Article: Redox-active ions unlock substitutional doping in halide perovskites

Article: Redox-active ions unlock substitutional doping in halide perovskites


Our Image Science & Computer Vision team has contributed to a paper reporting the first ever effective doping of halide perovskites. Published in the journal Materials Horizons from the Royal Society of Chemistry, the experiment results are paving the way for low-cost, highly-efficient solar cells and LEDs.

Semiconductors, crucial to electronic components, derive their performance from a process called doping, wherein specific atoms in their crystalline structure are replaced with elements that either release (N) or capture (P) electrons. While silicon, the most widely used semiconductor, has well-understood doping mechanisms, the process remains more intricate for other materials. This is the case for Halide perovskites for instance, which high energy conversion efficiency make them a predilection material for the development of solar cells. In perovskites, the crystalline structure is held together by ionic bonds, unlike silicon's covalent bonds. This poses challenges for traditional doping methods since replacing one ion with another capable of releasing (N) or capturing (P) an electron could disrupt the delicate balance with its opposite ion (either anion or cation). To overcome this issue, the authors introduced a solution involving metastable ions. Specifically, samarium (Sm) was injected into the crystalline structure as Sm2+, replacing lead ions (Pb2+). Upon insertion, Sm2+ oxidizes to Sm3+, serving as an N-type dopant without compromising the crystalline structure.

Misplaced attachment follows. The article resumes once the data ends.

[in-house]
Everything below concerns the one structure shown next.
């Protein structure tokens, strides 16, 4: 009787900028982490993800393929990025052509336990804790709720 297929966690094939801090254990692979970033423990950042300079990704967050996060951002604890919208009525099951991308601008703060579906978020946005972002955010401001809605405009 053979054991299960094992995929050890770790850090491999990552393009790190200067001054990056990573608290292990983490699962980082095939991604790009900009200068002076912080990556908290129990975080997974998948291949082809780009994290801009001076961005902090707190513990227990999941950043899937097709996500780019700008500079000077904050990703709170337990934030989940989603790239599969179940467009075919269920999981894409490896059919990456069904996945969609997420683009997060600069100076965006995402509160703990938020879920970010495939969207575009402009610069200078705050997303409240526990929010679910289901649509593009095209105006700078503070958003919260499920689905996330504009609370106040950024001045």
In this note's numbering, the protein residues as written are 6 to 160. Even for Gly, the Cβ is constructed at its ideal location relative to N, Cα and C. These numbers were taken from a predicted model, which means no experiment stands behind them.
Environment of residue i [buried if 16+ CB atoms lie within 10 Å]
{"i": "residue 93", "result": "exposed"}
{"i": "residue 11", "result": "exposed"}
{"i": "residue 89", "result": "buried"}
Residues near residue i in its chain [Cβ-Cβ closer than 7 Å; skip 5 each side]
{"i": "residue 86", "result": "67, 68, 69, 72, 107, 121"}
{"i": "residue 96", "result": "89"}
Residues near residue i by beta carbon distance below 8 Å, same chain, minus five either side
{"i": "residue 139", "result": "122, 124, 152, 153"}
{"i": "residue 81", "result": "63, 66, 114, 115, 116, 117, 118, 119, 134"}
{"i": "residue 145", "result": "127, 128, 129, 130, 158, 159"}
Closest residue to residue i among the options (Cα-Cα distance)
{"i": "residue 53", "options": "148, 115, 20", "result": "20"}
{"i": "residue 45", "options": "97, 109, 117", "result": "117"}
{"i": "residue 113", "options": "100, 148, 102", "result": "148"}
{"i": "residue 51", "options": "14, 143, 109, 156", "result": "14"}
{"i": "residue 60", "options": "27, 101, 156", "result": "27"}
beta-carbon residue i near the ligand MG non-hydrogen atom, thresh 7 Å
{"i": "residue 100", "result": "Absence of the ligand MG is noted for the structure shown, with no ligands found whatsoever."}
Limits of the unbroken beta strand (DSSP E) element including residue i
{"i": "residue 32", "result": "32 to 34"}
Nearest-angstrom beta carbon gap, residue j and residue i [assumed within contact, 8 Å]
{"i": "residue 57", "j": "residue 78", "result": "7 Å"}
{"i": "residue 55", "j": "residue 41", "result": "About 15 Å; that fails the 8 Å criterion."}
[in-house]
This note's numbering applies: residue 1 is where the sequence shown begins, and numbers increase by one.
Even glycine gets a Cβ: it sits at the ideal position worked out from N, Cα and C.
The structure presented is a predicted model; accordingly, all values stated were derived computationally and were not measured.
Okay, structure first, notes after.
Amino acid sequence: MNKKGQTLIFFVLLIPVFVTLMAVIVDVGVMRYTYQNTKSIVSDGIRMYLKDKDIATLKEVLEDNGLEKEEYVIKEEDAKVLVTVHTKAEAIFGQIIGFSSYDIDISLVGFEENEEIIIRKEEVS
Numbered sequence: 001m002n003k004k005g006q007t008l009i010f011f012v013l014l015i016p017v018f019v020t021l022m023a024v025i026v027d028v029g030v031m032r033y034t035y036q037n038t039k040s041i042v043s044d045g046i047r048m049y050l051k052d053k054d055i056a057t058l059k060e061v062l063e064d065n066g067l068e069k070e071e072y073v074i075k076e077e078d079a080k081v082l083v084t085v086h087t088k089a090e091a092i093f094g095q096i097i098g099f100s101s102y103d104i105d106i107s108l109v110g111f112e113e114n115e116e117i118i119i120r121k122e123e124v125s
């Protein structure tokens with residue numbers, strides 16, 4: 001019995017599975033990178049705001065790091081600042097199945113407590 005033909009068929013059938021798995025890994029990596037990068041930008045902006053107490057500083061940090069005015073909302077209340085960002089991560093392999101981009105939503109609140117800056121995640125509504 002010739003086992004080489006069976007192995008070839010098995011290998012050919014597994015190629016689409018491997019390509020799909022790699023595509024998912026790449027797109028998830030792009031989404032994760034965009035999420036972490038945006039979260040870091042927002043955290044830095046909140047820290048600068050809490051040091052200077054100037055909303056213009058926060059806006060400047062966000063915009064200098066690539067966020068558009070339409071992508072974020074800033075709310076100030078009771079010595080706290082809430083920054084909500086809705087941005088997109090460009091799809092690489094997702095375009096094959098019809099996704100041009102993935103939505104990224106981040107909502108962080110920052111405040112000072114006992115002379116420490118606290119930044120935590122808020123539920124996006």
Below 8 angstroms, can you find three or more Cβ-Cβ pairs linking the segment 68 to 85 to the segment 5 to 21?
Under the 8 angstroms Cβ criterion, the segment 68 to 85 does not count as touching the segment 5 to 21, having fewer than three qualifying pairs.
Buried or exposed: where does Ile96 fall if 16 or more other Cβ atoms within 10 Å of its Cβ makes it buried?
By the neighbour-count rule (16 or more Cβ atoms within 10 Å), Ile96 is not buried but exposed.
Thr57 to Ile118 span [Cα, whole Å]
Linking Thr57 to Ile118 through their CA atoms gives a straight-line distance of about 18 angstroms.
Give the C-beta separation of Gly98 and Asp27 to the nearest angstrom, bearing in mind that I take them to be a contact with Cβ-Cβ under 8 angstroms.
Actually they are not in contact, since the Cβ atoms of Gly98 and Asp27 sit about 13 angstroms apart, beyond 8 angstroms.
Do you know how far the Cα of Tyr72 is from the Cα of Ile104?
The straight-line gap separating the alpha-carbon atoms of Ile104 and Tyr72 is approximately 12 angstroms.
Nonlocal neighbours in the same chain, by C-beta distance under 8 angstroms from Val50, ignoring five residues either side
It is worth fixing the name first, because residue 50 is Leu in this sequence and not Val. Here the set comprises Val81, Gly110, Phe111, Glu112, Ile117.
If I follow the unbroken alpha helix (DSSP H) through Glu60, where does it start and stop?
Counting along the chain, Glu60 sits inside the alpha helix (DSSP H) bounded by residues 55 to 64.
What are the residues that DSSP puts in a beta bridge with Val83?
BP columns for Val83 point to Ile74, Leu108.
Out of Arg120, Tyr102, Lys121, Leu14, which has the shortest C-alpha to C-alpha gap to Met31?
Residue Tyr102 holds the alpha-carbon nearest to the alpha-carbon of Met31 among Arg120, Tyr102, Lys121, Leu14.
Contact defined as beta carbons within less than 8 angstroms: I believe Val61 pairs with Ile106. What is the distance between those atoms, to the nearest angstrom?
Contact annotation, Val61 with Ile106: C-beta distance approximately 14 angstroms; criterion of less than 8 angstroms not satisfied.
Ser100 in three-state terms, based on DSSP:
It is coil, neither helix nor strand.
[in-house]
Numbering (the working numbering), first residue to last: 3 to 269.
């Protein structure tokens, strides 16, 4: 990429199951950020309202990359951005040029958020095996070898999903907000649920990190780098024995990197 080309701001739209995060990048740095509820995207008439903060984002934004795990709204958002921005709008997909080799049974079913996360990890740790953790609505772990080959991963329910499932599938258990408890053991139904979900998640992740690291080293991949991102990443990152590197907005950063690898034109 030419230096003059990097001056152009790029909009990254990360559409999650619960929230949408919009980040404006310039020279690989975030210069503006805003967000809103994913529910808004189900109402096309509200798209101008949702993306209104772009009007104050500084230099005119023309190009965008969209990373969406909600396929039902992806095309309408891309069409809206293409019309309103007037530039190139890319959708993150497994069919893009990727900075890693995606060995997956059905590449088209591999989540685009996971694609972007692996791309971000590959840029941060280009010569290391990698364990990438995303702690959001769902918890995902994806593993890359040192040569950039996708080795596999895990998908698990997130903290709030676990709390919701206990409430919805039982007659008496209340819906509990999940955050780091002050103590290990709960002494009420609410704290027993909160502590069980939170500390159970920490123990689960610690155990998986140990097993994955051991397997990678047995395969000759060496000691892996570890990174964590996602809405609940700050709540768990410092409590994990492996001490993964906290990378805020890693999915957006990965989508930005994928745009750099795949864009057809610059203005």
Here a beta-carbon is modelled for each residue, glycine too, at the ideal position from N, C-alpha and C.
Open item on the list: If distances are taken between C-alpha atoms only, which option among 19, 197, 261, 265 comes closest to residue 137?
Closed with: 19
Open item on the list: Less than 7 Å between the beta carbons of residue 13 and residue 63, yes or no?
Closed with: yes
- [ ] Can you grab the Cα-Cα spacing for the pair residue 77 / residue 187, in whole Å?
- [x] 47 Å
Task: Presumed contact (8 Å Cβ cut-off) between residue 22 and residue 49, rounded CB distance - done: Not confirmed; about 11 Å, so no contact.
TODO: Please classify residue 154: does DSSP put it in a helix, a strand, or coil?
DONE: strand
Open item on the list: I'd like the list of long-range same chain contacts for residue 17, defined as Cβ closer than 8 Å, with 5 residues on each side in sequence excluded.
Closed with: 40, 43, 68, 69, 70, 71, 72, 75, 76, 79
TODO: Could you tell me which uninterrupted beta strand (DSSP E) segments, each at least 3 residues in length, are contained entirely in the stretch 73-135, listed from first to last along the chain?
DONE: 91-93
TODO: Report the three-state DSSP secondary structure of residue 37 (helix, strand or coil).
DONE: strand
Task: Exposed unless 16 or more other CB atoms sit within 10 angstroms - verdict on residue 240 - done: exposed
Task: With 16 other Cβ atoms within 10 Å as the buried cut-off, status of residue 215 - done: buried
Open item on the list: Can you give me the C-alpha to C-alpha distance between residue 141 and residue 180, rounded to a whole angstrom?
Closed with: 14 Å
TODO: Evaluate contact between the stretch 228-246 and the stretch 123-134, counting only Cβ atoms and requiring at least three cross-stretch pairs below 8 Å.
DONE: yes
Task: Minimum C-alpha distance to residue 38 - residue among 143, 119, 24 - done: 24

In this collaborative effort with the Integration from Material to System (IMS) Laboratory and the Institut des Sciences Moléculaires (ISM), our Image Science & Computer team has successfully achieved the first effective N doping of halide perovskites. This breakthrough resulted in an increase in the material's conductivity by more than three orders of magnitude. 

Figure below:
Measurement of perovskite conductivity as a function of SmI2 dopant concentration in solution, demonstrating a three-order-of-magnitude increase at 10 mg/ml.



Electrical doping of metal halide perovskites (MPHs) is a key step towards the use of this efficient and cost-effective semiconductor class in modern electronics. In this work, we demonstrate n-type doping of methylammonium lead iodide (CH3NH3PbI3) by the post-fabrication introduction of Sm2+. The ionic radius of the latter is similar to that of Pb2+ and can replace it without altering the perovskite crystal lattice. It is demonstrated that once incorporated, Sm2+ can act as a dopant by undergoing oxidation to Sm3+. This results in the release of a negative charge that n-dopes the material, resulting in an increase of conductivity of almost 3 orders of magnitude. Unlike substitution doping with heterovalent ions, furtive dopants do not require counterions to maintain charge neutrality with respect to the ions they replace and are thus more likely to be incorporated into the crystalline structure. The incorporation of the dopant throughout the material is evidenced by XPS and ToF-SIMS, while the XRD pattern shows no phase separation at low and medium doping concentrations. A shift of the Fermi level towards a conduction energy of 0.52 eV confirms the doping to be n-type with a charge carrier density, calculated using the Mott–Schottky method, estimated to be nearly 1017 cm-3 for the most conductive samples. Variable-temperature conductivity experiments show that the dopant is only partially ionized at room temperature due to dopant freeze-out.

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Further information on this CNRS article

Published on January 10, 2024